Turkish President Erdogan compares German rally ban to ‘Nazi practices’

Turkish President Recep Tayyip Erdogan, speaking on August 28, 2016 to his supporters during a rally in Gaziantep, Turkey, on Sunday compared the cancellation of several rallies in Germany before a referendum in his nation to Nazi practices. Photo by Sedat Suna/EPA

March 5 (UPI) — Turkish President Recep Tayyip Erdogan compared the cancellation of several rallies in Germany before a referendum in his nation to Nazi practices.

“Your practices are not different from the Nazi practices of the past,” Erdogan said Sunday in Istanbul at a campaign for the referendum. “I thought it’s been a long time since Germany left [Nazi practices]. We are mistaken.”

About 1.4 million Turks living in Germany are eligible to vote in the April 16 referendum that could give Erdogan new powers by switching from a parliamentary republic to a presidential one. Erdogan would control the budget, appoint ministers and judges, and gain authority to dismiss parliament.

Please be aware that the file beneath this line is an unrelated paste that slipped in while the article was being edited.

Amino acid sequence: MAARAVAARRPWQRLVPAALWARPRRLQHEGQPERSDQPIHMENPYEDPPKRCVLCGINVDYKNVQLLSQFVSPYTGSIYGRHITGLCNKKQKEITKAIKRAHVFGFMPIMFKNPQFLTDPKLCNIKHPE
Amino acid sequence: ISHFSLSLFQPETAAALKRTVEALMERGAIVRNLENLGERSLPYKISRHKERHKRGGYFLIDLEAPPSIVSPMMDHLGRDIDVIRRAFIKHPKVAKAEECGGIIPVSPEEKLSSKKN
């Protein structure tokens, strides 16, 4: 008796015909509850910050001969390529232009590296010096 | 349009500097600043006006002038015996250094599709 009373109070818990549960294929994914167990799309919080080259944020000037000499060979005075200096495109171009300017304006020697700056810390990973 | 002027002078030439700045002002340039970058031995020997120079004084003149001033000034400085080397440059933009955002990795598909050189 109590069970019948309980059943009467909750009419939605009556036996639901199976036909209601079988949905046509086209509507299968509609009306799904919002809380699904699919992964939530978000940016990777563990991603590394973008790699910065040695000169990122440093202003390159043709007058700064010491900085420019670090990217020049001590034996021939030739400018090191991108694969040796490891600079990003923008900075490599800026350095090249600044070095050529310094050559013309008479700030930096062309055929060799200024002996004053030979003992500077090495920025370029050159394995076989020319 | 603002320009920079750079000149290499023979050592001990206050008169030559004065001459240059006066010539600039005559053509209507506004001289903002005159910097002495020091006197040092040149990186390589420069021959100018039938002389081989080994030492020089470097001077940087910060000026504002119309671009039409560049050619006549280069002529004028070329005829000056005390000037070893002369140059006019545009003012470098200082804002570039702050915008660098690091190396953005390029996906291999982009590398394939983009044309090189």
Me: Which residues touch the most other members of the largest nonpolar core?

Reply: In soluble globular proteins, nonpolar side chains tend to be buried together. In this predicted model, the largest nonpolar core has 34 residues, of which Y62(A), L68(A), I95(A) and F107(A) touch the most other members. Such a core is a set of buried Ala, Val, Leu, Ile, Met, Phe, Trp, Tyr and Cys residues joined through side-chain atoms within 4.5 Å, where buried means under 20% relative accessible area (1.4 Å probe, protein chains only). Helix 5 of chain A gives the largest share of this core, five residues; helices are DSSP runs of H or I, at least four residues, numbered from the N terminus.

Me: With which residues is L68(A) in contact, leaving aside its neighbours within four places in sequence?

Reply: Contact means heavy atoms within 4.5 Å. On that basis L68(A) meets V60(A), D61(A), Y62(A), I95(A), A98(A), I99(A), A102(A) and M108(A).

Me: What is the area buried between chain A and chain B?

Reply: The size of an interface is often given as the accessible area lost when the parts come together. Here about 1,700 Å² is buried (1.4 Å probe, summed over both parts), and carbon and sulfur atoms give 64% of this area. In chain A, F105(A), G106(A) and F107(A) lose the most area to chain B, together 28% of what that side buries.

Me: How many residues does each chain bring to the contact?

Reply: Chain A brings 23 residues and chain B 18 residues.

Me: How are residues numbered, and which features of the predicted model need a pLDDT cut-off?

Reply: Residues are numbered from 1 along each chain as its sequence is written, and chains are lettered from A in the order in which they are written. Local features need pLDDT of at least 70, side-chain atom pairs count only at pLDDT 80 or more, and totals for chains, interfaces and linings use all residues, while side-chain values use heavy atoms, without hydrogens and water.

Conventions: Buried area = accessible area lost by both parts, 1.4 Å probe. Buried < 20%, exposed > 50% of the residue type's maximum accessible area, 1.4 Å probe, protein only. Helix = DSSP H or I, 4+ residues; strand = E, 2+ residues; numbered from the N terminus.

One day earlier, Erdogan accused Germany of “aiding and harboring terror” for allowing outlawed Kurdish leaders to conduct regular public meetings in the country.

On Thursday, Turkey summoned Germany’s ambassador to Turkey, Martin Erdmann, to the foreign ministry in Ankara to protest Gaggenau’s cancellation of a talk by Bekir Bozdag, Turkey’s justice minister.

Gaggenau authorities said there was insufficient space for the rally.

Authorities in Cologne canceled a rally where Nihat Zeybekci, Turkey’s economy minister, was scheduled to speak.

Also, a rally in Frechen was called off.

German Chancellor Angela Merkel said her government wasn’t involved in canceling the rallies, saying the decisions were “taken by municipalities, and as a matter of principle, we apply freedom of expression in Germany.”

In Austria, the chancellor has called for a European Union-wide ban on political campaigning by Turkish politicians.

“A collective EU response to prevent such campaign events would make sense so that individual countries like Germany where appearances are forbidden don’t end up being pressured by Turkey,” Christian Kern told German newspaper Welt am Sonntag.

He also said Turkey’s attempts to join the EU should be abandoned because the country has been “trampling on human rights and basic democratic rights.”

Erdogan has cracked down on his opponents since a failed military coup last year.


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